Data Science Vs Data Analytics : What’s the difference?
Introduction: Data Science Vs Data Analytics
With everyone being so confused about Data Science & Data Analytics, we decided to write a Post that would explain how the field originated, the differences between the two and what you should be opting for.
Let’s go back to 80s when everything was done using calculator and trial and error methods. It all changed as Microsoft Excel was introduced in 1985 & Business Analytics was born. Excel has been a great choice to have basic database management but the things were to change soon as smartphones & Internet came into the picture.
Can You guess how much data is being created each day?
It’s 2.5 quintillion bytes each day as mentioned here.
Companies then began to realize that this huge data is a Gold Mine. Not only it can help them to understand things visually and make strategies, but they can build Models around this data to achieve automation. And every Big Company has realized that it may be the tool to use to beat competitions and stay a leader in their domain.
And if you are planning to be a part of this field, it becomes mandatory to understand the differences between the two and choose the career that suits you.
Also, it’s quite possible that you may have your company or you are planning to start a one. Knowing the difference between the Job roles would allow you to recruit the right person to get the things done.
Let me clear up terms like data science, Big Data, Data Analytics & Data Science in the simplest possible manner before giving a bigger picture.
Data Science is a science or study of data.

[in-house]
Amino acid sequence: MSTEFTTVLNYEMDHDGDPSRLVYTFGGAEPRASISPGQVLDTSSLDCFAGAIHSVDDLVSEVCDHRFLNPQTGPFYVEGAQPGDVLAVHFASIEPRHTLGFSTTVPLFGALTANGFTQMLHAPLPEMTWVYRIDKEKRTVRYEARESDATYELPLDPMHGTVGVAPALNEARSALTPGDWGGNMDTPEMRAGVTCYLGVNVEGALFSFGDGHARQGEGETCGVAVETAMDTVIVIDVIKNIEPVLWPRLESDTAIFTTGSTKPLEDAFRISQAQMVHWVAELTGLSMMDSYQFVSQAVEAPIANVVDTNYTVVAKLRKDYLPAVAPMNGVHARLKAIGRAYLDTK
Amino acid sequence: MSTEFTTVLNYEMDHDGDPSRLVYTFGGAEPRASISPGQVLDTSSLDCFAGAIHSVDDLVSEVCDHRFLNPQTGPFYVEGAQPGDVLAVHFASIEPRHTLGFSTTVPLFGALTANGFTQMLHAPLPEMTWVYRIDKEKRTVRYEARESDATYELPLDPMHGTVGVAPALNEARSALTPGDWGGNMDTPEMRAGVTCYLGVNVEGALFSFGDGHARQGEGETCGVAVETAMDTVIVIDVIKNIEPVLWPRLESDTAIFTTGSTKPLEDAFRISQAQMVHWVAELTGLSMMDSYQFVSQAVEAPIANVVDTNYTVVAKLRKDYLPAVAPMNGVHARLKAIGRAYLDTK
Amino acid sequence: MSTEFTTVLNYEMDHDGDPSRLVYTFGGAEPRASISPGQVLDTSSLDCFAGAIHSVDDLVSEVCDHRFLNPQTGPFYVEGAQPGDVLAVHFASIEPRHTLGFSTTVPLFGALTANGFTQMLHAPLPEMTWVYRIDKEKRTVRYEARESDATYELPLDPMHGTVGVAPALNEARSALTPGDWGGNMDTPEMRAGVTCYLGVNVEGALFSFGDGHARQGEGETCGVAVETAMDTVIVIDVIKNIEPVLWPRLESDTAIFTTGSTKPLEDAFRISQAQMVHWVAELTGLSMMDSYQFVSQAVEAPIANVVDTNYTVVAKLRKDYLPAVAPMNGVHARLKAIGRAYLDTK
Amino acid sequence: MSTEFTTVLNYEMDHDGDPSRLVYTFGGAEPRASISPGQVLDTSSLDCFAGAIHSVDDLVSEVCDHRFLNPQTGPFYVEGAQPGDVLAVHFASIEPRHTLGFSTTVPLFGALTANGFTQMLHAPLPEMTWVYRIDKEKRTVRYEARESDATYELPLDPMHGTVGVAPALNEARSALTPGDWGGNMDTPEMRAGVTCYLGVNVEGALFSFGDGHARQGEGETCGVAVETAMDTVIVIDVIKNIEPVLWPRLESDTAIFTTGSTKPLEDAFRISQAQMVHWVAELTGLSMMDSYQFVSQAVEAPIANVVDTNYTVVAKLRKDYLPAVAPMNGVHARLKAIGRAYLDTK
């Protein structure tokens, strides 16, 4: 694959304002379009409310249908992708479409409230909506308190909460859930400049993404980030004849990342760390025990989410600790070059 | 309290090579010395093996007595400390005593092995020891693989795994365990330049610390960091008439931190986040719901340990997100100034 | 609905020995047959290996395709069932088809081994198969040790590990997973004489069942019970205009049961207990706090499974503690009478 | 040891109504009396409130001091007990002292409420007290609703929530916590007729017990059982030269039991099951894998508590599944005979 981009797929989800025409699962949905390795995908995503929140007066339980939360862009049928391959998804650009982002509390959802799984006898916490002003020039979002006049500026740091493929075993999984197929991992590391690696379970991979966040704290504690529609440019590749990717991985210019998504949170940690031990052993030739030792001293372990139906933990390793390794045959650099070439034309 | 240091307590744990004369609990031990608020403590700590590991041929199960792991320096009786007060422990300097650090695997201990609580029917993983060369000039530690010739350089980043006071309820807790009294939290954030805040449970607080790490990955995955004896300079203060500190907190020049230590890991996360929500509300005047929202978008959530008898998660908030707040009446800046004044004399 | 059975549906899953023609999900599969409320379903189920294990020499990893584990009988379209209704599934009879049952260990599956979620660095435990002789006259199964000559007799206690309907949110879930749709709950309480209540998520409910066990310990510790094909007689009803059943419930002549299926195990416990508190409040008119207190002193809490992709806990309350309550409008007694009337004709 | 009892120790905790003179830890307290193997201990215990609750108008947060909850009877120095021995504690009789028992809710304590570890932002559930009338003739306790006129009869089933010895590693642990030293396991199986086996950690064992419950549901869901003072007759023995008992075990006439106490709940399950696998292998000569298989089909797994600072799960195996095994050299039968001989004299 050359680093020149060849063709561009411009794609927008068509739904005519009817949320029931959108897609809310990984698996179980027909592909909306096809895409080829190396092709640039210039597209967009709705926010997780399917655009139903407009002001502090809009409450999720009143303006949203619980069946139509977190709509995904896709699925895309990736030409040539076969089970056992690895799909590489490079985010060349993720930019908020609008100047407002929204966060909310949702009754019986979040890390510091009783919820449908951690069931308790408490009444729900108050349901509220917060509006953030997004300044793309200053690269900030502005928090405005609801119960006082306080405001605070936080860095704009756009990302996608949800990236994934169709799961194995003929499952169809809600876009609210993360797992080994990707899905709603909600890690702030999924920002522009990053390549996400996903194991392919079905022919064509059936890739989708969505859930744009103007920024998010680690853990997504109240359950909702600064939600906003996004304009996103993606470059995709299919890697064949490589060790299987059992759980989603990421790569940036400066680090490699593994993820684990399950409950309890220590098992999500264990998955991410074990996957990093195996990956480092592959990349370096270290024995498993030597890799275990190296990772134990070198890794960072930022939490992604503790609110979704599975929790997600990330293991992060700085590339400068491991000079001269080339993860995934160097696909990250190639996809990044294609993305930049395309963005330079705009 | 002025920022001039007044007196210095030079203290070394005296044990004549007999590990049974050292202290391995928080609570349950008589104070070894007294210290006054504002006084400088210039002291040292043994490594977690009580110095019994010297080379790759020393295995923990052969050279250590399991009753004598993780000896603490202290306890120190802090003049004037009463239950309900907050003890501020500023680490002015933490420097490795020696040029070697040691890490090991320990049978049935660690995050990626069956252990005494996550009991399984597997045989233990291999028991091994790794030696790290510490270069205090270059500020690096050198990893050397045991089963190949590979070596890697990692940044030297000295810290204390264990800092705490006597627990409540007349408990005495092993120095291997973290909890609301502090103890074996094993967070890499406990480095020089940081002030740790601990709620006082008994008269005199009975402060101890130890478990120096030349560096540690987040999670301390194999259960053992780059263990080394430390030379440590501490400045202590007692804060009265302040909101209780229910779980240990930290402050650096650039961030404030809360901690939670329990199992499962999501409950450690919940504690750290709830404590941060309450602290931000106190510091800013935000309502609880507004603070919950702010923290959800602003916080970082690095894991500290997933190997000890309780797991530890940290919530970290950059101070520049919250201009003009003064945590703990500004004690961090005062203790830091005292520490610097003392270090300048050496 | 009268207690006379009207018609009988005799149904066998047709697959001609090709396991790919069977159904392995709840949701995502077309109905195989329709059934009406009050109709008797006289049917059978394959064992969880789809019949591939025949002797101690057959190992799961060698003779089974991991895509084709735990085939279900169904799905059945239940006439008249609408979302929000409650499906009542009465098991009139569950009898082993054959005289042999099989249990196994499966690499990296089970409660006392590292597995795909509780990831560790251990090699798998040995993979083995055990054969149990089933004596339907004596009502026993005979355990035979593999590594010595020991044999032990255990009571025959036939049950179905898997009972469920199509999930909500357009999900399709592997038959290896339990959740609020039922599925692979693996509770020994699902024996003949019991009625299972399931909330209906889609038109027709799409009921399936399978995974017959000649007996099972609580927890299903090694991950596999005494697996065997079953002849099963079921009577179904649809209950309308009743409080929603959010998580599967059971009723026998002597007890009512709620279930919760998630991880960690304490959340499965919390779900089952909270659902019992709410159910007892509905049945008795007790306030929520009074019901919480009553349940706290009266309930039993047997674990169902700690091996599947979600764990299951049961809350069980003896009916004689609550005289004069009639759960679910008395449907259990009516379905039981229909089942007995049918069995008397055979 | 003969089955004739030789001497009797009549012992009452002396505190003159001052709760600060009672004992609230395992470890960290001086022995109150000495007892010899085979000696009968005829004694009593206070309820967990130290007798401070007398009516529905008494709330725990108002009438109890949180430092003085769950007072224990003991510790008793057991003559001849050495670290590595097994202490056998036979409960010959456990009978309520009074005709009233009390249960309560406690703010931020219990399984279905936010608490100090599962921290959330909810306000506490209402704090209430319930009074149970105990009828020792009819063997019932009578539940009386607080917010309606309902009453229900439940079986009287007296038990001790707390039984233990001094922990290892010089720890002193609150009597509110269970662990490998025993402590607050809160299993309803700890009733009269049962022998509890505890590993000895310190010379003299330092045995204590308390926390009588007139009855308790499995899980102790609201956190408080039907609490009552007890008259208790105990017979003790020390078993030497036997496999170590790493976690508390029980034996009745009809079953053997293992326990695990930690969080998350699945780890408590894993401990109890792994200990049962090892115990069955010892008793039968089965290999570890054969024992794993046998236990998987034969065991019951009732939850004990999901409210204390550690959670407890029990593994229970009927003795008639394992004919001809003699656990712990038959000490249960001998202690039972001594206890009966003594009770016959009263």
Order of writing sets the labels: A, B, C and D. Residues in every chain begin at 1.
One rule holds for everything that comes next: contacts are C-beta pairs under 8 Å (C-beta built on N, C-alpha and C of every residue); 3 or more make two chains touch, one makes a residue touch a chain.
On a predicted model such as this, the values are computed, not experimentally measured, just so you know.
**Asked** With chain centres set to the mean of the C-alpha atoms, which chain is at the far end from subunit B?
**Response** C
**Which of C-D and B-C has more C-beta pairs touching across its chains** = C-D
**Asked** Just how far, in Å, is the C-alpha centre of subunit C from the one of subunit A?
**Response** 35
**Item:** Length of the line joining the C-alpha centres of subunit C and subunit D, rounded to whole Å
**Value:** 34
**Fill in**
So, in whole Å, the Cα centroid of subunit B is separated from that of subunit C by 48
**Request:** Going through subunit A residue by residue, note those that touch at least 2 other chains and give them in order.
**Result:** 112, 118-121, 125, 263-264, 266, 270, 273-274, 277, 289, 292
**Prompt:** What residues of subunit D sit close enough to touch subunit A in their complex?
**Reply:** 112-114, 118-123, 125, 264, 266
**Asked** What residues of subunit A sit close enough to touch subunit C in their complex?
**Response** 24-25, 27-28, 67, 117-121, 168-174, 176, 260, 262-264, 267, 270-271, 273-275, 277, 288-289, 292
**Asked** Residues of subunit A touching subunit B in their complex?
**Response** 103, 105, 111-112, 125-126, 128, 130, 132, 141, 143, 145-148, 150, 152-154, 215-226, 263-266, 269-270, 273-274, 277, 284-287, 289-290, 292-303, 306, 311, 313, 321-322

Big Data is a theoretical concept for defining problems that arise because of the large size of data where traditional data handling tools are not capable enough.
Data Analytics is a bunch of tool and techniques to perform analysis of data (big and small).
Data scientists do all these above tasks but they also deployable models to solve the business problems. Have you ever seen ” Recommended for You ” section in Amazon or other shopping sites which sometimes exactly seem to know what would you like to buy? It’s a Data Science Model at Finest.
In A Nutshell
If data science is the house that holds the tools and methods, data analytics is a specific room in that house. It is related and similar to data science, but more specific and concentrated.
Data analysts examine large data sets to identify trends, develop charts, and create visual presentations to help businesses make more strategic decisions.
Data analytics is generally more focused than data science because instead of just looking for connections between data, data analysts have a specific goal in minding that they are sorting through data to look for ways to support.
Data scientists, on the other hand, design and construct new processes for data modelling and production. In addition to performing and interpreting data studies and product experiments, these professionals are tasked with developing prototypes, algorithms, predictive models, and custom analysis.
Data scientists also use a variety of techniques to comb through data, including data mining and machine learning—key differentiators between the two roles.